What to do with all that Y2K food? Second Harvest Food Bank wants it.

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I for one am not ready to declare Y2K a non event, however others may chose differently, in that case the following may be of interest


2 much Y2K food? Don't waste it

Sunday, January 02, 2000

By Bob Batz Jr., Post-Gazette Staff Writer

If you've stockpiled 2 much food and water for Y2K, Y not give some of it to the less fortunate?

That's the idea behind "Y GO 2 Waste," a millennium food drive by America's Second Harvest.

The country's largest domestic hunger-relief charity will run the nationwide drive from Jan. 15 through Feb. 15. Its goal is to get more food to 31 million hungry Americans through Second Harvest's network of 189 food banks.

Those include the Greater Pittsburgh Community Food Bank in Duquesne, which will oversee the effort locally. Working with that group will be the American Red Cross of Southwestern Pennsylvania, whose headquarters -- at 225 Boulevard of the Allies, Downtown -- will serve as a collection point for people wishing to drop off donations of food or bottled water.

Food collection barrels also will be set up at all city and branch post offices in the 152 ZIP code region, as well as several in the suburbs, including Allison Park, Bethel Park, Bridgeville, Clairton, Coraopolis, Natrona Heights, McKeesport, McKees Rocks, Monroeville, Pitcairn, West Mifflin, Verona and Wexford.

Experts, including Red Cross Executive Director Jerry Cozwith, have recommended that, as a hedge against possible disruptions in services related to entering the year 2000, people keep an ample supply of non-perishable foods and water, as well as medications, batteries and other supplies.

Being able to be self-sufficient for a few days is always a good idea, especially in winter, when a blizzard could shut down or slow society.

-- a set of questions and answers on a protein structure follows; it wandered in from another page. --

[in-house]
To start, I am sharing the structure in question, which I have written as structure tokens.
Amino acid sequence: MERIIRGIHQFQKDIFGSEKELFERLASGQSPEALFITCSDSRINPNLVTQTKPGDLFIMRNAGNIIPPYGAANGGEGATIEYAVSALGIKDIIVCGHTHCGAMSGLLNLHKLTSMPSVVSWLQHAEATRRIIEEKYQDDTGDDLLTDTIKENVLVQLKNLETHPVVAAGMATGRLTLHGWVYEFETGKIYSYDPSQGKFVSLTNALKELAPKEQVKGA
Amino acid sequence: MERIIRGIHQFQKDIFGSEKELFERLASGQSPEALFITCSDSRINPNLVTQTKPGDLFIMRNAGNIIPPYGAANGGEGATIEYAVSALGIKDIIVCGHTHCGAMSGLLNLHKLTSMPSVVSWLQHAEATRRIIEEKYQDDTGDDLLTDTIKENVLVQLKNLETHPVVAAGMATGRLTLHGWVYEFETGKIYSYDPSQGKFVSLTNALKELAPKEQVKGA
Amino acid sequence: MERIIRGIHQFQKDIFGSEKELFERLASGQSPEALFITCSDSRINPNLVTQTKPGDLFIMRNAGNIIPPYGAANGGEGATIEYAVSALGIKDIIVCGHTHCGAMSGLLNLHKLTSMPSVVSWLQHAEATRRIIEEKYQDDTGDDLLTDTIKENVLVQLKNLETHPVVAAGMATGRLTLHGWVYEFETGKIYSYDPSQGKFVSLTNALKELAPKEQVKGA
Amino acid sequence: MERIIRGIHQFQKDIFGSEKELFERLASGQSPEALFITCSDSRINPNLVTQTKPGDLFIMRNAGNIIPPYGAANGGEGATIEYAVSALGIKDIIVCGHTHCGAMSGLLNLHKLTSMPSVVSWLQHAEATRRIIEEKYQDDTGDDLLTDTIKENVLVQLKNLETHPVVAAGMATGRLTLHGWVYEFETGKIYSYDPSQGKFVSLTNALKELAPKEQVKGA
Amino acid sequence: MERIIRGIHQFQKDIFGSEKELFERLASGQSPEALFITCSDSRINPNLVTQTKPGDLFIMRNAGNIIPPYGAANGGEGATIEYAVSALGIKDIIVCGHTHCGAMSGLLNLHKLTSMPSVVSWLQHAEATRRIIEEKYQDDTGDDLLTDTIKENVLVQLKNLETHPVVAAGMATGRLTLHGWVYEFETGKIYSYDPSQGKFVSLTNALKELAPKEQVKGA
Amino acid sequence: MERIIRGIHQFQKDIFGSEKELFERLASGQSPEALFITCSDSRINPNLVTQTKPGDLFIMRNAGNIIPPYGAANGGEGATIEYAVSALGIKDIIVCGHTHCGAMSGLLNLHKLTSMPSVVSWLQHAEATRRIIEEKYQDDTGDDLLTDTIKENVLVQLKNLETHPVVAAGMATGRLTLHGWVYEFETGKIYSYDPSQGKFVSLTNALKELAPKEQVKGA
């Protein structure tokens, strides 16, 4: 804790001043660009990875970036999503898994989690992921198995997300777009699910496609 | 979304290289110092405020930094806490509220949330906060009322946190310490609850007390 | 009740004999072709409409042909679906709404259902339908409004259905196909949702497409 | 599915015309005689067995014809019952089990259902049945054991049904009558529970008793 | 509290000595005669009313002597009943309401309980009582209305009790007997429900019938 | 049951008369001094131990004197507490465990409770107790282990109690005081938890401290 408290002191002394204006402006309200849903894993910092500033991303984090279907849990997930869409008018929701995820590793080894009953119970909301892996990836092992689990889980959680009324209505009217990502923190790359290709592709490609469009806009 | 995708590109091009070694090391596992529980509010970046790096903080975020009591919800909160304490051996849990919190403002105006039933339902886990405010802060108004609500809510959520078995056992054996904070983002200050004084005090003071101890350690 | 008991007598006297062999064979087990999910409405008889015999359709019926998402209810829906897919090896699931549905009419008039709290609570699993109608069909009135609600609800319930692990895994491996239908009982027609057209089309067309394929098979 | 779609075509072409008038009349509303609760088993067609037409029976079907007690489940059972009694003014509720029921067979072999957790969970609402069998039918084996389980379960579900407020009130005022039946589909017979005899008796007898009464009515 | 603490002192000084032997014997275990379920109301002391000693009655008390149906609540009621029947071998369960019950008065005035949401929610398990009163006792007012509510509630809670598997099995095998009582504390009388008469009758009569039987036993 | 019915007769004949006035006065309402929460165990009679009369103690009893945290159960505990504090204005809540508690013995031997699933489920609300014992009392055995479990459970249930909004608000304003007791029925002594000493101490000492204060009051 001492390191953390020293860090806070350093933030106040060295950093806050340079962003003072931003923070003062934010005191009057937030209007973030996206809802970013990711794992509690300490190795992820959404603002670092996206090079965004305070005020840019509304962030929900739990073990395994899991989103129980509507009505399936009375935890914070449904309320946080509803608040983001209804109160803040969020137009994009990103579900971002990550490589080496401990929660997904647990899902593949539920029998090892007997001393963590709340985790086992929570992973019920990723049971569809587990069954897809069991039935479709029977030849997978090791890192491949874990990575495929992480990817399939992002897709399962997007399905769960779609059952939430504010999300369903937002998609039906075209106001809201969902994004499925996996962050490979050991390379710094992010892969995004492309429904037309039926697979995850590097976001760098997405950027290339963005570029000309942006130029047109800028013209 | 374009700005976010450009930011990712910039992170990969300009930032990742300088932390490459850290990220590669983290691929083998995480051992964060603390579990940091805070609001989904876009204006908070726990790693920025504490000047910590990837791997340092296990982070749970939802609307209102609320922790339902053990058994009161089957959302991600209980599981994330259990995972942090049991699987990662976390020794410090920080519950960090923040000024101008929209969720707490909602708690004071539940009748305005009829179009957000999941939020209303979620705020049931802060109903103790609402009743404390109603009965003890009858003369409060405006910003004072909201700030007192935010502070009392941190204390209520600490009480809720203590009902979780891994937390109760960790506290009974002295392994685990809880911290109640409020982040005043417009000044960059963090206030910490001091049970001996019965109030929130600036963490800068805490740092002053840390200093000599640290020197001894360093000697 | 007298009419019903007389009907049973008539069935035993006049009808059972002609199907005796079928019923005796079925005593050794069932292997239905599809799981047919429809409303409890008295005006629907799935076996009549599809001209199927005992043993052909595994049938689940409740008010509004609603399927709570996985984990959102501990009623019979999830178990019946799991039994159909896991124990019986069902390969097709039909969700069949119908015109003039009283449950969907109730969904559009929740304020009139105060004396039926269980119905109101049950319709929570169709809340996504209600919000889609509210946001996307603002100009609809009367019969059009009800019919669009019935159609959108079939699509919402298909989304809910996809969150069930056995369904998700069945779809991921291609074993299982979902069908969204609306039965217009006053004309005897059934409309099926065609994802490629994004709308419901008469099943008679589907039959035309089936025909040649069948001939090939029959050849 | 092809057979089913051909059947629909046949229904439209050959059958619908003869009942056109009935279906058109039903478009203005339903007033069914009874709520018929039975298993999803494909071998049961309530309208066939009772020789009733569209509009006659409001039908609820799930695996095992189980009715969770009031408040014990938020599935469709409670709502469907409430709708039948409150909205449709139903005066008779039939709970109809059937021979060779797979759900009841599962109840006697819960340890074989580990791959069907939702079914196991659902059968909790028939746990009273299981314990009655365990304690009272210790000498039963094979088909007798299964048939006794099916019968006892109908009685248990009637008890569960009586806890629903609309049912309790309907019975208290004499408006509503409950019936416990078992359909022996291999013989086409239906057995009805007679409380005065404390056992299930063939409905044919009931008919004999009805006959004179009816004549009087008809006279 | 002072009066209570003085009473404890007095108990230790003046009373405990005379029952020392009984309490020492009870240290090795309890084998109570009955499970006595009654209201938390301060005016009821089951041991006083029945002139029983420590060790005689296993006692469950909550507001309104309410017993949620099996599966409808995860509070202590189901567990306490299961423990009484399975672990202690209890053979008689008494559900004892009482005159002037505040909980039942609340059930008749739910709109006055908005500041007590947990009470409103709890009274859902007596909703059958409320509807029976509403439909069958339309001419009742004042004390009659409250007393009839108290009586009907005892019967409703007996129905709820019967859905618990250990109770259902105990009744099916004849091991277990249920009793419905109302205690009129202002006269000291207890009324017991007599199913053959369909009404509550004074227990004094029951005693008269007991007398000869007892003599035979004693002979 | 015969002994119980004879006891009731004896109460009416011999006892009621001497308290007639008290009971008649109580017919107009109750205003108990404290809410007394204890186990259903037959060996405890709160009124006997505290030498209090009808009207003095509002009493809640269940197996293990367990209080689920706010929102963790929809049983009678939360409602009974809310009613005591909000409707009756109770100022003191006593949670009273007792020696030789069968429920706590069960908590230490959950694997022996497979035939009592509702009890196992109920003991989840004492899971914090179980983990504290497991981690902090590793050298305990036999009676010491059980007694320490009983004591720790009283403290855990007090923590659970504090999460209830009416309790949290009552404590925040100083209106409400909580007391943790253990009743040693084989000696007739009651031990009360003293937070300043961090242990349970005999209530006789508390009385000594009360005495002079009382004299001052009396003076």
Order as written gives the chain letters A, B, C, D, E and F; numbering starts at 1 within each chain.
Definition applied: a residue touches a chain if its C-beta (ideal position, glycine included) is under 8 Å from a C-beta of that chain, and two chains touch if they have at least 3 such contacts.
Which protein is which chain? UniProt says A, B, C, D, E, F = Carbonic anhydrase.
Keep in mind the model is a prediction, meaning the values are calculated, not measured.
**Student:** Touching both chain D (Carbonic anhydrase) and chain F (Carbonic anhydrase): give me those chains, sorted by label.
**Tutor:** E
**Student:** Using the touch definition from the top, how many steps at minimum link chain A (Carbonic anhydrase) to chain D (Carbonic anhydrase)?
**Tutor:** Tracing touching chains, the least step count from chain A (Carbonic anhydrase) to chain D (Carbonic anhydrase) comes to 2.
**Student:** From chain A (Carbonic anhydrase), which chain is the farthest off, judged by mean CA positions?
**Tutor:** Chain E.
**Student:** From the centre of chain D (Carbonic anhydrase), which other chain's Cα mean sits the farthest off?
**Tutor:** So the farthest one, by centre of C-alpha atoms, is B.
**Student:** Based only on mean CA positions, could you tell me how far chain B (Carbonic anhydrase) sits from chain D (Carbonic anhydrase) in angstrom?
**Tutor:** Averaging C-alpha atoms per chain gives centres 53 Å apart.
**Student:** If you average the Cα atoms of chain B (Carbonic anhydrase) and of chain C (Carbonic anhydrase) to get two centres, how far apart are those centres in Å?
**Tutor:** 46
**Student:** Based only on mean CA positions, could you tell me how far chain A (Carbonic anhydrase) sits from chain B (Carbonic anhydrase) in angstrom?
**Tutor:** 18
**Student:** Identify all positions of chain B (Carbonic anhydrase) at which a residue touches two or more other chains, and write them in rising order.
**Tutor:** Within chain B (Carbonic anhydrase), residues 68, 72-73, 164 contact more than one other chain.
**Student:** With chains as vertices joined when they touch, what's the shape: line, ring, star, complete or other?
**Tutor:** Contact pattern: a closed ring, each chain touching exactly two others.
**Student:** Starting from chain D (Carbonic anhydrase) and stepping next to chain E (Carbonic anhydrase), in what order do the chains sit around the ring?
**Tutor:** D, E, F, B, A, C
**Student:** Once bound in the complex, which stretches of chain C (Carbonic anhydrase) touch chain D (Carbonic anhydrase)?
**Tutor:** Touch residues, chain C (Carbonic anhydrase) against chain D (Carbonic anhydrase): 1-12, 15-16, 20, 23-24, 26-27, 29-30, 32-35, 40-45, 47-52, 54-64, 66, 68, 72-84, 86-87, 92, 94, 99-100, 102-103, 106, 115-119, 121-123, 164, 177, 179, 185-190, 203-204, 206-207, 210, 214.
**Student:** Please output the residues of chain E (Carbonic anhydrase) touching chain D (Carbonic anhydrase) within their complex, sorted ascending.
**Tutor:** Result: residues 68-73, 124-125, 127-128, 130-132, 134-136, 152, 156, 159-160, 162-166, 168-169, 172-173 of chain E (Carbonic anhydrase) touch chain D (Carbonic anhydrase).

But Food Bank Executive Director Joyce Rothermel said that if everything continues to go smoothly with the turn of the New Year, people who've stockpiled more than they'll need can give it to those who regularly face an emergency -- hunger.

"I think there could be a great capacity for giving," she said, noting that this is the time of year that donations tend to fall off, while the need rises for people facing "the choice between heating and eating."

The food bank distributes more than a million pounds of food and grocery products each month to agencies serving those in need. And it can always use volunteers to help sort and repack donations.

Though the drive doesn't officially start until the 15th, Rothermel said, "People can start whenever they're ready" and can even take donations directly to their local pantry.

-- Helium (Heliumavid@yahoo.com), January 02, 2000


Great idea. I hope I'll be giving away lots of food . . . in March.

-- Think It (Through@Pollies.Duh), January 02, 2000.

Inclined to jump the gun there ain't ya? March? Probably a bit early.

-- Don Kulha (dkulha@vom.com), January 02, 2000.

I remember news stories last year that said our local food pantries were hurting badly at the end of summer, and had pretty much wiped out any reserves at that point. Some may decide to turn over food now, some may do so later, but I think whatever time it goes out it will do some good.If you got a lot of food seeds that you might not use all of, look for a community gardening project this spring.

Remember too the reports that as the stock market made many people richer and richer this year, the amount of money given as charitable contributions was down.

-- Firemouse (firemouse@fcmail.com), January 02, 2000.

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